OAKLAND -- The police officer responsible for most of the evidence in the city's proposed Fruitvale gang injunction took the stand Wednesday, defending the physical scope of the suit, which critics have said is too broad.

Officer Douglass Keely, who said he's currently the police department's only Hispanic gang expert actively handling investigations, created the primary document of evidence used by City Attorney John Russo in the gang injunction Russo filed in October. Keely testified for the first time Wednesday in an ongoing hearing to determine whether a judge will issue a preliminary injunction against 40 adults accused of being members of the Nortenos street gang.

If successful, the suit would restrict the defendants' behavior in a safety zone bordered by 21st Avenue and High Street south of Brookdale Avenue, a region with more than 400 city blocks that police say are controlled by the Nortenos. Oakland Mayor Jean Quan is one of several Oakland leaders to question the physical scope of the plan.

Police had to make the space that big "so (Nortenos) couldn't move from one spot to the other," Keely testified. There are numerous troubled blocks and intersections there, and "the reason for the largeness of the area is that it engulfs all the spots and closes them all off," he added.

"Say a Norteno walks to the corner store, and sees someone he thinks is an enemy," Keely said. "That attack'll happen right there."


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Earlier, Fruitvale resident Esmeralda Quintero, 31, testified that her brother, Javier -- a defendant in the case -- has been repeatedly bothered by the police and that despite his past crimes, he's not a gang member.

She also testified that when she first met Keely, he was standing on her brother with both feet, as her brother lay handcuffed and face down on the ground during an arrest.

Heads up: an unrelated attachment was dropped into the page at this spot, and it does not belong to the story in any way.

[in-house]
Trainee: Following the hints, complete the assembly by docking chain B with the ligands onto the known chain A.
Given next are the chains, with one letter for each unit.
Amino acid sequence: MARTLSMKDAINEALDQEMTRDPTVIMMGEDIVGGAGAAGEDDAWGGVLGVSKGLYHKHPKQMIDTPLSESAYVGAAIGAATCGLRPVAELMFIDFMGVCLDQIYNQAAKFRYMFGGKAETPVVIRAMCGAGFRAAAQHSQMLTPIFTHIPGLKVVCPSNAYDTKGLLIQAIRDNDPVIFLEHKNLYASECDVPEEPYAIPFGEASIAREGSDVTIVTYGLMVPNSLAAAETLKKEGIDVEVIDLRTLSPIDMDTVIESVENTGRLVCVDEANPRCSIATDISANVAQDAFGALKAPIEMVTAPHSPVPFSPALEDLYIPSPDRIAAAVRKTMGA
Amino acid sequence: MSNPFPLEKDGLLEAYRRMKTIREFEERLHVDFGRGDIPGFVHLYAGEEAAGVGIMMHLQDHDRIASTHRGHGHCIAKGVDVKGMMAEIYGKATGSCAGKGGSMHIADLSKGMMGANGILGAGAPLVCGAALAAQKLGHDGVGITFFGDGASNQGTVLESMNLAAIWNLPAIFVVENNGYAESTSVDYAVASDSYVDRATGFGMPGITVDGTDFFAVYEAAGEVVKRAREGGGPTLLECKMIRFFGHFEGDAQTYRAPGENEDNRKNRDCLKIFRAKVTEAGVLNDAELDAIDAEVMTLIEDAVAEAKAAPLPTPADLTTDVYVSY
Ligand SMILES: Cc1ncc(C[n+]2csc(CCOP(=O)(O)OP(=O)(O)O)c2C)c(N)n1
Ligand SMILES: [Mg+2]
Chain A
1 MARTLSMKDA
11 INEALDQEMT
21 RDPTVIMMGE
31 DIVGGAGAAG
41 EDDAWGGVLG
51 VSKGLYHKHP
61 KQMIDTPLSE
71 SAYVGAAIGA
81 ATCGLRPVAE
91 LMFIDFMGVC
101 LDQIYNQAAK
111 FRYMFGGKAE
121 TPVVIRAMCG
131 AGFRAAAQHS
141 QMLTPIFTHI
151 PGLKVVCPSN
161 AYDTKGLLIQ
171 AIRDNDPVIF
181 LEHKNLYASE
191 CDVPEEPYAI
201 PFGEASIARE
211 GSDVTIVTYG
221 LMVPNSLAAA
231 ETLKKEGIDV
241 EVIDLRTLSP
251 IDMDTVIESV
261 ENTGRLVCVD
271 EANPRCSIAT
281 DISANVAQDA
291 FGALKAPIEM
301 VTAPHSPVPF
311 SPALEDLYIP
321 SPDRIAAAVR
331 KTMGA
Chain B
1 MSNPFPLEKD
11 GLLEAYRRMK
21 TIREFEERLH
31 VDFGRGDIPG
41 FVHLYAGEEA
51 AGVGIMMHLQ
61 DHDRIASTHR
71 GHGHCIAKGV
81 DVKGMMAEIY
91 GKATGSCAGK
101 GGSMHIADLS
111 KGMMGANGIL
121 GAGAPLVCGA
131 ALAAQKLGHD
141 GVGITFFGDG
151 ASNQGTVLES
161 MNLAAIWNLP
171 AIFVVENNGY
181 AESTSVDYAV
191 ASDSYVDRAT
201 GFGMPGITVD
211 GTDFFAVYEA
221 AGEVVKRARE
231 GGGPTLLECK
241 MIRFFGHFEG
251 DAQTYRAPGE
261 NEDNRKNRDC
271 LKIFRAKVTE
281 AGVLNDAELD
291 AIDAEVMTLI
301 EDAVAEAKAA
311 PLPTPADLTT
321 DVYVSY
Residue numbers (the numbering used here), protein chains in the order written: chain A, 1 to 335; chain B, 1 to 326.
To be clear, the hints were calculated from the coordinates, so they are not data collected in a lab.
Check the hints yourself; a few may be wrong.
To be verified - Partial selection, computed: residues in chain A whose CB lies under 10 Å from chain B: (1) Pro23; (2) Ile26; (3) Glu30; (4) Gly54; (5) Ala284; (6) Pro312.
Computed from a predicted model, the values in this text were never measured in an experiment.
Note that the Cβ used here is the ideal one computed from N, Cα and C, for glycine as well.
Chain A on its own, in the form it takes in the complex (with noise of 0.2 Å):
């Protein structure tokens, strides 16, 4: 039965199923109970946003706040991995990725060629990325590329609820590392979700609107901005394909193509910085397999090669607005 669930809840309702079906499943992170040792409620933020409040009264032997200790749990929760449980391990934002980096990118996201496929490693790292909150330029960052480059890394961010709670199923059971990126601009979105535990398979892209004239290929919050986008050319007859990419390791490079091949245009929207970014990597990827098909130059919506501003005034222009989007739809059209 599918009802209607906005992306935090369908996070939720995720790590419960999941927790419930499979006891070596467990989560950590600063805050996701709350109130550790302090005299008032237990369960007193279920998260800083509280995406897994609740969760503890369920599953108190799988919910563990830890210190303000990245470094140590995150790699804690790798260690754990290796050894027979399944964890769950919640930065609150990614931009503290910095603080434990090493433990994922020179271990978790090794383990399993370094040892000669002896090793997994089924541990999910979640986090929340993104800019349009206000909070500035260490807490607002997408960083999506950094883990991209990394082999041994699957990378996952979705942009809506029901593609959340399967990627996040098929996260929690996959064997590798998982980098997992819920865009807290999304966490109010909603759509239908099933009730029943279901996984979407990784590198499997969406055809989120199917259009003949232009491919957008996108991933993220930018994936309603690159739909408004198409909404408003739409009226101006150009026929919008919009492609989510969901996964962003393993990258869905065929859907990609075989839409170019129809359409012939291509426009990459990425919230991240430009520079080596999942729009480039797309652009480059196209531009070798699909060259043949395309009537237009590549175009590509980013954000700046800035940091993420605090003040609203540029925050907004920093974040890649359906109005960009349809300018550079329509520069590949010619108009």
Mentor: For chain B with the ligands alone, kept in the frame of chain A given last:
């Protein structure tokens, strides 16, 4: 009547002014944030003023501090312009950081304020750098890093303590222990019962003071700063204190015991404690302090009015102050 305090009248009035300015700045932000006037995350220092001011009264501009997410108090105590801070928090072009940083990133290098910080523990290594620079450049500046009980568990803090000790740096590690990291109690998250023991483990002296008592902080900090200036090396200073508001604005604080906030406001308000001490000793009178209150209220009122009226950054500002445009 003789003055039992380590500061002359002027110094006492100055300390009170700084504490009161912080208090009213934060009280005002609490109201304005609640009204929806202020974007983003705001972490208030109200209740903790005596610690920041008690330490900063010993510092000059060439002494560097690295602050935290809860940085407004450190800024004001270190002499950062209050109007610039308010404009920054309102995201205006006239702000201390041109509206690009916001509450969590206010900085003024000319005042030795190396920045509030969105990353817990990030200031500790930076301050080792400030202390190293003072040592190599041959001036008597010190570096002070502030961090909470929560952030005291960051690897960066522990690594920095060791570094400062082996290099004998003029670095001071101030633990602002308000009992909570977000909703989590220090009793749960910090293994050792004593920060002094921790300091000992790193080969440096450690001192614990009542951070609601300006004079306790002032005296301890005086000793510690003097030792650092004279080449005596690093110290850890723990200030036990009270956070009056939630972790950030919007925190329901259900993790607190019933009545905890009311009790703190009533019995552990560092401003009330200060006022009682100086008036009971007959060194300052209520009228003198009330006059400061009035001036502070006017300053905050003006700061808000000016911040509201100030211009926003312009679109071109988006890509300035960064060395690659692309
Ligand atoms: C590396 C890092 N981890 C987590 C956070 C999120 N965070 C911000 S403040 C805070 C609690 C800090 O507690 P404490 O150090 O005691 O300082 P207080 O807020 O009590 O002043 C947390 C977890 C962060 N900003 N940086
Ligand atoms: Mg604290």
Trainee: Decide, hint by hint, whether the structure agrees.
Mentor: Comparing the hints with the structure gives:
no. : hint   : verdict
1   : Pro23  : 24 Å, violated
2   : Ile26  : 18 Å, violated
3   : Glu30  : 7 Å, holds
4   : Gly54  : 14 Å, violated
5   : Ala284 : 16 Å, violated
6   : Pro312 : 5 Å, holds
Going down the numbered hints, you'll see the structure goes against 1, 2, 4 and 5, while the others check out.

In a complaint she later filed with Internal Affairs at the Oakland Police Department, she said Quintero made a mistake in reporting that her brother was already in a police car when she arrived at the scene.

At that same arrest, "Officer Keely asked me if I knew Javier was a gang member, and I said no, he's not," Quintero testified. "(Keely) said he's a bad person and he would do what it took to send him to prison and make sure he stayed there."

Keely denied standing on Javier Quintero and said he didn't remember talking to his sister.

However, he said he once arrested Javier Quintero after finding him in a car with a 13- or 14-year-old juvenile along with other adults, a handgun and bags of marijuana for sale. He said that case demonstrated that Javier Quintero has a deeply negative influence on the community's youth.

"Yeah, I believe he belongs in prison," Keely testified. "He's a bad person."

Quintero said she opposes the injunction because "if Javier is seen anywhere outside, at the supermarket or the movies, and he's even near anyone on the list or anyone police say is a gang member, it's an automatic violation. "... It's basically saying he's trapped at home."

The hearing will continue with Keely on the stand again next week.

Contact Sean Maher at 510-208-6430.